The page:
An examination of the record before us reveals the following undisputed facts. Plaintiff's truck which was insured against loss by theft under the policy issued by defendant was stolen on or about July 9, 1960. Appellee was promptly notified of the loss, following which its insurance adjusters commenced investigating the claim. Ten months transpired and no offer to pay the amount of insurance due under the policy was made by the company. The policy provides that in the event of loss by theft a sworn proof of loss must be filed by the insured with the company which is allowed thirty days thereafter within which to make payment. From his conversations with appellant and appellee's adjusters, the attorney representing appellant was led to erroneously assume that the proof of loss required by the policy had been filed. Upon the company's failure or refusal to pay the amount due appellant, suit on the policy was instituted in the Circuit Court of Duval County. The complaint contained the usual allegations necessary to state a cause of action, and among other things alleged that plaintiff had complied with all conditions and provisions of the insurance policy, including the filing of a proof of loss.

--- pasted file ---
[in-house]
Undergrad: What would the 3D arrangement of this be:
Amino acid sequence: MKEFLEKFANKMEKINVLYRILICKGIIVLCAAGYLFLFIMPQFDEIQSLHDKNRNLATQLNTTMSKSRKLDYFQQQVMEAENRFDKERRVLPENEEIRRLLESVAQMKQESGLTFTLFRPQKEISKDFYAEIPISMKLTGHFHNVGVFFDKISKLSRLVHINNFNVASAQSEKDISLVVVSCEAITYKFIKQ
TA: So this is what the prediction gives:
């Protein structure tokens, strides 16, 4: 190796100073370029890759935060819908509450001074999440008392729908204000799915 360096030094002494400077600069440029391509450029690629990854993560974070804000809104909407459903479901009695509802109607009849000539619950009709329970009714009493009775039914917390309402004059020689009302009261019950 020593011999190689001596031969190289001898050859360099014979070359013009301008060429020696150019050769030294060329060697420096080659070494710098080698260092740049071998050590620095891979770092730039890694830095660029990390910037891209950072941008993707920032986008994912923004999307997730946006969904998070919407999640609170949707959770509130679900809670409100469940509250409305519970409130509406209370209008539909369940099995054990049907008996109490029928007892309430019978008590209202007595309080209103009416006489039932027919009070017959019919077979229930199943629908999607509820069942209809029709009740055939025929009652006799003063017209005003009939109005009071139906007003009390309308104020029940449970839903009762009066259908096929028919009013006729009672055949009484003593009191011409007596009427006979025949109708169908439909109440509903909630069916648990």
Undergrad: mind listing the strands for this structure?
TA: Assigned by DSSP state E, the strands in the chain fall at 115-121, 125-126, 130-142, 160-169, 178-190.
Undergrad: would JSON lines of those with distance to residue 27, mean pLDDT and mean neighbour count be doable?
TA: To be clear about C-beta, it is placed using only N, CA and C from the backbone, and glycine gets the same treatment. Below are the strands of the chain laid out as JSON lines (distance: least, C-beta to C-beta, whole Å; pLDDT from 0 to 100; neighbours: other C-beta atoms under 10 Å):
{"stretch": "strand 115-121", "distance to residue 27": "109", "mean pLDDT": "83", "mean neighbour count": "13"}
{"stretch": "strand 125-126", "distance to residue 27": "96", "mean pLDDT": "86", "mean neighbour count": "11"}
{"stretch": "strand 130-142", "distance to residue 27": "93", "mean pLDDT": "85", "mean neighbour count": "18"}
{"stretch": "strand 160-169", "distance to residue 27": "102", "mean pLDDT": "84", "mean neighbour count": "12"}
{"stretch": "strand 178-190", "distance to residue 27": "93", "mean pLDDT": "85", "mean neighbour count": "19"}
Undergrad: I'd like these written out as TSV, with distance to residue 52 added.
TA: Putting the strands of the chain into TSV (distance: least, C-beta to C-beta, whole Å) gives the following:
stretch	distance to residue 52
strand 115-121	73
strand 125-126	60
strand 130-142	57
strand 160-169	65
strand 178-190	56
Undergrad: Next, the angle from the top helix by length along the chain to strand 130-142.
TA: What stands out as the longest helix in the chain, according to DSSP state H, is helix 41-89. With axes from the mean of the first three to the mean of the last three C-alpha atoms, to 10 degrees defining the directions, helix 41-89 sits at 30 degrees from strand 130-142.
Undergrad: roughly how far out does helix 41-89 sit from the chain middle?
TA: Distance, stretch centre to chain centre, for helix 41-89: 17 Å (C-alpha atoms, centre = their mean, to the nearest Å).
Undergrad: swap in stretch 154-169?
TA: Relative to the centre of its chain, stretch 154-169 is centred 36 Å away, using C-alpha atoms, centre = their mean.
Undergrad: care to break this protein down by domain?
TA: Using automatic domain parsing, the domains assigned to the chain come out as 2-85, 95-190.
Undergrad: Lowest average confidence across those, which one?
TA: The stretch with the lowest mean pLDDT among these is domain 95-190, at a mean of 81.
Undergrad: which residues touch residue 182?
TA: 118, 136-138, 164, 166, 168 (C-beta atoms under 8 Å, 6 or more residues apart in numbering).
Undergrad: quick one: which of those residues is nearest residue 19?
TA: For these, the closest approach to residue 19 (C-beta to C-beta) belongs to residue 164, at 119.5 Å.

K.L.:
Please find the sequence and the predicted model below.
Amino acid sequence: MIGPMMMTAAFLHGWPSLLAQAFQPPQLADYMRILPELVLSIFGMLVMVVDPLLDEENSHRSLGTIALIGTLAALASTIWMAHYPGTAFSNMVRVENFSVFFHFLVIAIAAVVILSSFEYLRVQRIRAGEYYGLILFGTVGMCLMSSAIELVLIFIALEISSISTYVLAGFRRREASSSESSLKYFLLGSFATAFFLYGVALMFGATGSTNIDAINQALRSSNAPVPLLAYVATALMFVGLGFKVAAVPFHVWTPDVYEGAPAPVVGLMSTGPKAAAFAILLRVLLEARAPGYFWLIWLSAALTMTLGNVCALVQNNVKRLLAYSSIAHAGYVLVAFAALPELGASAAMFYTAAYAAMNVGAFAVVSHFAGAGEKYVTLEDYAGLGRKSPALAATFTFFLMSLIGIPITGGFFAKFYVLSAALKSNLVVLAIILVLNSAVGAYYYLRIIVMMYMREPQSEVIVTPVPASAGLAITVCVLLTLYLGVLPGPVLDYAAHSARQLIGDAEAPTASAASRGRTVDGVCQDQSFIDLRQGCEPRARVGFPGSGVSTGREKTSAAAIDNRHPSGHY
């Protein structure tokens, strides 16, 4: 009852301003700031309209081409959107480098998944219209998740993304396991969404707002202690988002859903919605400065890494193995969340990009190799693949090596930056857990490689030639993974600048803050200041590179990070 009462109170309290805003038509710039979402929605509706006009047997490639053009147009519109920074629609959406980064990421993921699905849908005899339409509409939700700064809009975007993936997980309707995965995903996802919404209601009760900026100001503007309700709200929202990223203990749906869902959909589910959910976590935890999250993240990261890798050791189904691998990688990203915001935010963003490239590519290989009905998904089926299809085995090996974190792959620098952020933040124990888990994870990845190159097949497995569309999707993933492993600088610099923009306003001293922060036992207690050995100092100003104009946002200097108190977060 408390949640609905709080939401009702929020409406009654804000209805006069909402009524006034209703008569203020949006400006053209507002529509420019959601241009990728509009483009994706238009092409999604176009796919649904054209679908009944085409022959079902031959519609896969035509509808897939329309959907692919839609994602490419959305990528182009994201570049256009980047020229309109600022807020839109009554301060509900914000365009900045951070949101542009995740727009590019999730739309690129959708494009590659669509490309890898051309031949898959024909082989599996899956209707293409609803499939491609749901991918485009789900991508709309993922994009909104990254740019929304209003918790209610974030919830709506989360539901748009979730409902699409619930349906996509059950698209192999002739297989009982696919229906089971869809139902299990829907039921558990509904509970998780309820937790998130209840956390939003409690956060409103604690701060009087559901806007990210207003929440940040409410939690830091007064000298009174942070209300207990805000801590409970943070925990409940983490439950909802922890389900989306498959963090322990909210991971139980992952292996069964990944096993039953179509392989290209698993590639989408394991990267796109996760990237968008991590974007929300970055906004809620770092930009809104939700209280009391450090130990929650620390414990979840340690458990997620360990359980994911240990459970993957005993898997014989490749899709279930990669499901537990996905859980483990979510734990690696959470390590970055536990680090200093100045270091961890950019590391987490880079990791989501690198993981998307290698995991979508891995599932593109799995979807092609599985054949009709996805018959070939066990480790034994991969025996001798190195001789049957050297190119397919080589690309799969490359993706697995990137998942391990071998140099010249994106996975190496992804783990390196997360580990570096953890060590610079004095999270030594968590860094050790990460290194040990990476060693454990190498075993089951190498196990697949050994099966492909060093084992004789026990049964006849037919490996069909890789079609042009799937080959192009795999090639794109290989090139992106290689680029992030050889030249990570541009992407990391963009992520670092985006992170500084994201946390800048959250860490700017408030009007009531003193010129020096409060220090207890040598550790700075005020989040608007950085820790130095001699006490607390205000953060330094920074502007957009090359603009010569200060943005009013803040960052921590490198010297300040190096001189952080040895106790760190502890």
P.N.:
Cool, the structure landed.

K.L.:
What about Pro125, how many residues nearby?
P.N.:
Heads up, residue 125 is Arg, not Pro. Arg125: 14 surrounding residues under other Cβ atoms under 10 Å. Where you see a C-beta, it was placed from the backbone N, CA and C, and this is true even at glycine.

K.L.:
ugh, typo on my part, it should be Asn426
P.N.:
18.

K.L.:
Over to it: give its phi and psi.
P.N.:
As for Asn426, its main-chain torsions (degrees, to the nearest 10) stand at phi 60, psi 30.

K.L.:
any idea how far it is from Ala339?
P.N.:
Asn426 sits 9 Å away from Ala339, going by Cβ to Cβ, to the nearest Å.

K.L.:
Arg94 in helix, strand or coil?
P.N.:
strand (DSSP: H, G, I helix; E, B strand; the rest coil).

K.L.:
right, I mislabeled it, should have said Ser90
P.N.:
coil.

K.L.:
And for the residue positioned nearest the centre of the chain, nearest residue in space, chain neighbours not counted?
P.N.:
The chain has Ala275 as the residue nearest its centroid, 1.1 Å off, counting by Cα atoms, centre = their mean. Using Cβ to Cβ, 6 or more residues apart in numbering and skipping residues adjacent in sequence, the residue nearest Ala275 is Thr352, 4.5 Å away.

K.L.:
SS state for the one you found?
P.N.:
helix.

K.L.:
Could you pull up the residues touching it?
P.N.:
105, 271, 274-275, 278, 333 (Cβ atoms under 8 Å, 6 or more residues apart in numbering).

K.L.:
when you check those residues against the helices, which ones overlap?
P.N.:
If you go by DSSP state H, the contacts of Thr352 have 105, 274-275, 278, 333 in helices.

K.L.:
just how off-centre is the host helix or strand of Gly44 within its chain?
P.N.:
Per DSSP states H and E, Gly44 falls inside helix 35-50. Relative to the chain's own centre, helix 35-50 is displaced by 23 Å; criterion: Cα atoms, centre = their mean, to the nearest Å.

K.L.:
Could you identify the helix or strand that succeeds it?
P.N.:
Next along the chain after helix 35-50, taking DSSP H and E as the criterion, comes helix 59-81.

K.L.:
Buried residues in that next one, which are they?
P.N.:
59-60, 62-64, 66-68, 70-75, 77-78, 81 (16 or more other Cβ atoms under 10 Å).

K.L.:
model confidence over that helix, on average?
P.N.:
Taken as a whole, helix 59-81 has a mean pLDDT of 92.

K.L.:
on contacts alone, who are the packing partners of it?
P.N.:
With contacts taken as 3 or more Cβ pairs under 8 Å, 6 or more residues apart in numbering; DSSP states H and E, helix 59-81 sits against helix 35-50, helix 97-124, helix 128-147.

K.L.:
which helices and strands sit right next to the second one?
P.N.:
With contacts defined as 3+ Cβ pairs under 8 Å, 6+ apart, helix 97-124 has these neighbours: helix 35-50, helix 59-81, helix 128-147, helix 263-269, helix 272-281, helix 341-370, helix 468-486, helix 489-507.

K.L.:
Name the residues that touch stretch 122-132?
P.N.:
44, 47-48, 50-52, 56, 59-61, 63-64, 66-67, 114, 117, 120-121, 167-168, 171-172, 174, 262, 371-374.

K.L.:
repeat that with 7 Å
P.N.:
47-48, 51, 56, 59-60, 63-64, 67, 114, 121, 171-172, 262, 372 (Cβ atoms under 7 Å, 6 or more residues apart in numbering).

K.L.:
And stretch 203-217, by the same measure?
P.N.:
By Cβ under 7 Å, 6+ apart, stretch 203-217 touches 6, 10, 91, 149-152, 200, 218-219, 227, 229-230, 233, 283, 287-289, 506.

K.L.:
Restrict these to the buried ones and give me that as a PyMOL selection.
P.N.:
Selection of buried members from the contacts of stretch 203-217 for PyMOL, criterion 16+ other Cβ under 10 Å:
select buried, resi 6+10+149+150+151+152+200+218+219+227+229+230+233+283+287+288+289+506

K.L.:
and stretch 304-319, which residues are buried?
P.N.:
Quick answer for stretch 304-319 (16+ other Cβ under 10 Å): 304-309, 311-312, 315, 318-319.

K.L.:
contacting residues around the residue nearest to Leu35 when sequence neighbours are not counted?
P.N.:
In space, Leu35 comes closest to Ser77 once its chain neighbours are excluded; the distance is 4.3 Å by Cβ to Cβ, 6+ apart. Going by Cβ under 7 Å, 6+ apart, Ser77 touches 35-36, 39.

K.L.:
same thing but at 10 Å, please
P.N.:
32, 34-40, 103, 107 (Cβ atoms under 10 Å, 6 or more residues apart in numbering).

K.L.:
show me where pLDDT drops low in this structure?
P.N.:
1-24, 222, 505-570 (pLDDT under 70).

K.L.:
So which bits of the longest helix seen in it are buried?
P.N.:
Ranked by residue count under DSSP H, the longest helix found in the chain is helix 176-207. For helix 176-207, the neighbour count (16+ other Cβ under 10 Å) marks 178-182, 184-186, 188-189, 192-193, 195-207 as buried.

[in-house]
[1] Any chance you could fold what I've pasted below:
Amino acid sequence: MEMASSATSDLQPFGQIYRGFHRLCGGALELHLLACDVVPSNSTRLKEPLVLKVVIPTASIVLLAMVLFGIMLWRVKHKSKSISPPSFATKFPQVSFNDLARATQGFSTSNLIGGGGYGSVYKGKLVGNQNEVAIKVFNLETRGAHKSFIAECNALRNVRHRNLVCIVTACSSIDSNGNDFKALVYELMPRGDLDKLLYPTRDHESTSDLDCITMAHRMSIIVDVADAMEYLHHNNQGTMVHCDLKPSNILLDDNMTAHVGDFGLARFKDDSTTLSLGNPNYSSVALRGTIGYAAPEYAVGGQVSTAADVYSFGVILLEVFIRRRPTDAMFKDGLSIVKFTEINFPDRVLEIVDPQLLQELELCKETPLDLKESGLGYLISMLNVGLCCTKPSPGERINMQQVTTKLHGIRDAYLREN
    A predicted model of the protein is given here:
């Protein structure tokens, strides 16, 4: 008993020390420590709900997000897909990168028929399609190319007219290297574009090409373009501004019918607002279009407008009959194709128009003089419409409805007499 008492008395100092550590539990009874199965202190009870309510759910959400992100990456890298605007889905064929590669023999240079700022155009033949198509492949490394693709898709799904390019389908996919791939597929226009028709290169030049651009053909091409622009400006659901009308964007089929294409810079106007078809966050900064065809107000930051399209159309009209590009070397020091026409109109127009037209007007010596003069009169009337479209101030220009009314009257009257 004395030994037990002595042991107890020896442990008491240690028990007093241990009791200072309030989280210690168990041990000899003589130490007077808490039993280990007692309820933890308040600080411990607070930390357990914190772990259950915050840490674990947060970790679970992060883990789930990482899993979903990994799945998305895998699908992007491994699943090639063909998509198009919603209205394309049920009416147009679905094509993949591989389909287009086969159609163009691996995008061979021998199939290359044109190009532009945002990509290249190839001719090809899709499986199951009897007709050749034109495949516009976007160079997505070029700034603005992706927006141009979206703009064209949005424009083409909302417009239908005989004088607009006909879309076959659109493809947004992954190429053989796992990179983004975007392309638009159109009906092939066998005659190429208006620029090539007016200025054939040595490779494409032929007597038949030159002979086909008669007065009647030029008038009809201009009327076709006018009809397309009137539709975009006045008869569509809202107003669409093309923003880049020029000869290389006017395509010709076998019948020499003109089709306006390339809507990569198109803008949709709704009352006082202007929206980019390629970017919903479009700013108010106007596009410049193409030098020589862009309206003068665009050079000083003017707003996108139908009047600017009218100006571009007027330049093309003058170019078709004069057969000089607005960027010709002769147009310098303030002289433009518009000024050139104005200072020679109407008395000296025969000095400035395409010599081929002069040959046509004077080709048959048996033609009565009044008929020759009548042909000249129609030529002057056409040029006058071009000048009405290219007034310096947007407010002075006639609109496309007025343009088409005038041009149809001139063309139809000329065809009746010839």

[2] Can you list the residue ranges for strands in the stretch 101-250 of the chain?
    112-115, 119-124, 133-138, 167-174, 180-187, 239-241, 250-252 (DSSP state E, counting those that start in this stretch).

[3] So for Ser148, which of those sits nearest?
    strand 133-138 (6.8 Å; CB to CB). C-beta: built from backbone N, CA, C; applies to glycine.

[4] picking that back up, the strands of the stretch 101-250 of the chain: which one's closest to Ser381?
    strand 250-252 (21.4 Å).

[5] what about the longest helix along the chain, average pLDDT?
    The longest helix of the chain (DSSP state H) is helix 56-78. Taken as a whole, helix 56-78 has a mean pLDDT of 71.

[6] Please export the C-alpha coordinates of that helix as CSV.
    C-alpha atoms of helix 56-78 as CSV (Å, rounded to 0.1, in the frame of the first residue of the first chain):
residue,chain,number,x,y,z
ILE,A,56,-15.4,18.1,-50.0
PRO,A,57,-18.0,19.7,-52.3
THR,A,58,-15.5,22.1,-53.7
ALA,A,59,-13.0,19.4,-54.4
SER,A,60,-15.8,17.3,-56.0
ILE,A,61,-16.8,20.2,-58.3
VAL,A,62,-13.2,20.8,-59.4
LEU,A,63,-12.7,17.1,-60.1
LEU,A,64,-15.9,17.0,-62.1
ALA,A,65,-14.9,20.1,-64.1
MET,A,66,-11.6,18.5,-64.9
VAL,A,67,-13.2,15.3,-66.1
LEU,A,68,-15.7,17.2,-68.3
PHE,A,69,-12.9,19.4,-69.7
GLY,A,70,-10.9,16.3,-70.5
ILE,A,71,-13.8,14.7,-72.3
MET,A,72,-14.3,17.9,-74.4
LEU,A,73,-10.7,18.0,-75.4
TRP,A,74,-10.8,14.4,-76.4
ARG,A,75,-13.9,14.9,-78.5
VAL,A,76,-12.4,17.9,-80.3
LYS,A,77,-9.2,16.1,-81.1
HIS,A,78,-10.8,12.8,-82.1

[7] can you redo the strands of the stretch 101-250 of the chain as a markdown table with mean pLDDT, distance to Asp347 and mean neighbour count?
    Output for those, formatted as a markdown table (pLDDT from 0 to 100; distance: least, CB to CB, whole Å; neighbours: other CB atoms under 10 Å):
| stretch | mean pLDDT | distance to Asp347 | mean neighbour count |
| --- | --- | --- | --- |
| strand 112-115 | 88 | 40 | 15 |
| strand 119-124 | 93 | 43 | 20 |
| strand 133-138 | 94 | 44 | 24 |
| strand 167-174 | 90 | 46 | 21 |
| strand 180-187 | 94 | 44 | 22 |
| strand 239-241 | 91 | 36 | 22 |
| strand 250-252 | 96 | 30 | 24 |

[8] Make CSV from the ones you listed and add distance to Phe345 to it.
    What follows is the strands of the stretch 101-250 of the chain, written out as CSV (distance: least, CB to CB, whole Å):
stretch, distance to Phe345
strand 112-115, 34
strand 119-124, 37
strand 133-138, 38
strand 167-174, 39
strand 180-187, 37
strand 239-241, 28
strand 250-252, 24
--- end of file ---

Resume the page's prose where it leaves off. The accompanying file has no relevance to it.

The defendant insurance company filed its answer to the complaint denying liability and affirmatively alleging that the proof of loss required by the terms and provisions of the insurance policy had not been filed with it. Upon the filing of the foregoing affirmative defense, appellant's counsel promptly prepared and furnished to defendant a properly executed proof of loss. An amended complaint was thereafter filed in the cause containing two counts, one alleging compliance with the provisions of the policy by filing with the company the required proof of loss, and the second count alleging waiver of the policy provision requiring the filing of a proof of loss. Plaintiff then filed a motion for summary judgment which was heard and denied by the trial court which concluded that from the pleadings and other evidence contained in the file, a genuine issue of a material fact existed with respect to the count of the complaint alleging waiver of compliance with the policy respecting the filing of proof of loss, and that no recovery could be had on the count alleging compliance with the policy provisions by the filing of a proof of loss, because such proof had not been filed prior to the institution of the suit. The court's ruling on plaintiff's motion for summary judgment left him the choice of attempting to recover the amount due him on the single theory that the company had waived the policy requirements with respect to the filing of a proof of loss, or to file a new suit alleging alternatively that proof of loss had been furnished in accordance with the requirements of the policy. Plaintiff withdrew the count contained in his pending suit alleging the furnishing of a proof of loss in accordance with policy requirements, and instituted a new action containing only one count alleging the furnishing of a proof of loss and compliance with all other conditions precedent to his right of recovery. At this point plaintiff had two suits pending against defendant. The original suit contained one count alleging a cause of action based upon the theory that defendant company had waived compliance with the policy requirement regarding the furnishing of a proof of loss. The second suit also contained only one count alleging a cause of action based upon the theory that proof of loss had been furnished as required by the terms and provisions of the policy. Upon the institution of the second action against it, defendant moved to dismiss it on the ground that there was already pending in the court an action between the same parties seeking the same recovery on the same insurance policy. The court granted the company's motion and dismissed the second action filed by plaintiff. Not desiring to base his right to recovery solely on the debatable theory of waiver, plaintiff decided to dismiss the original pending action based on this theory and to immediately file a new suit seeking recovery on the theory of full compliance with the policy provision respecting the filing of a proof of loss.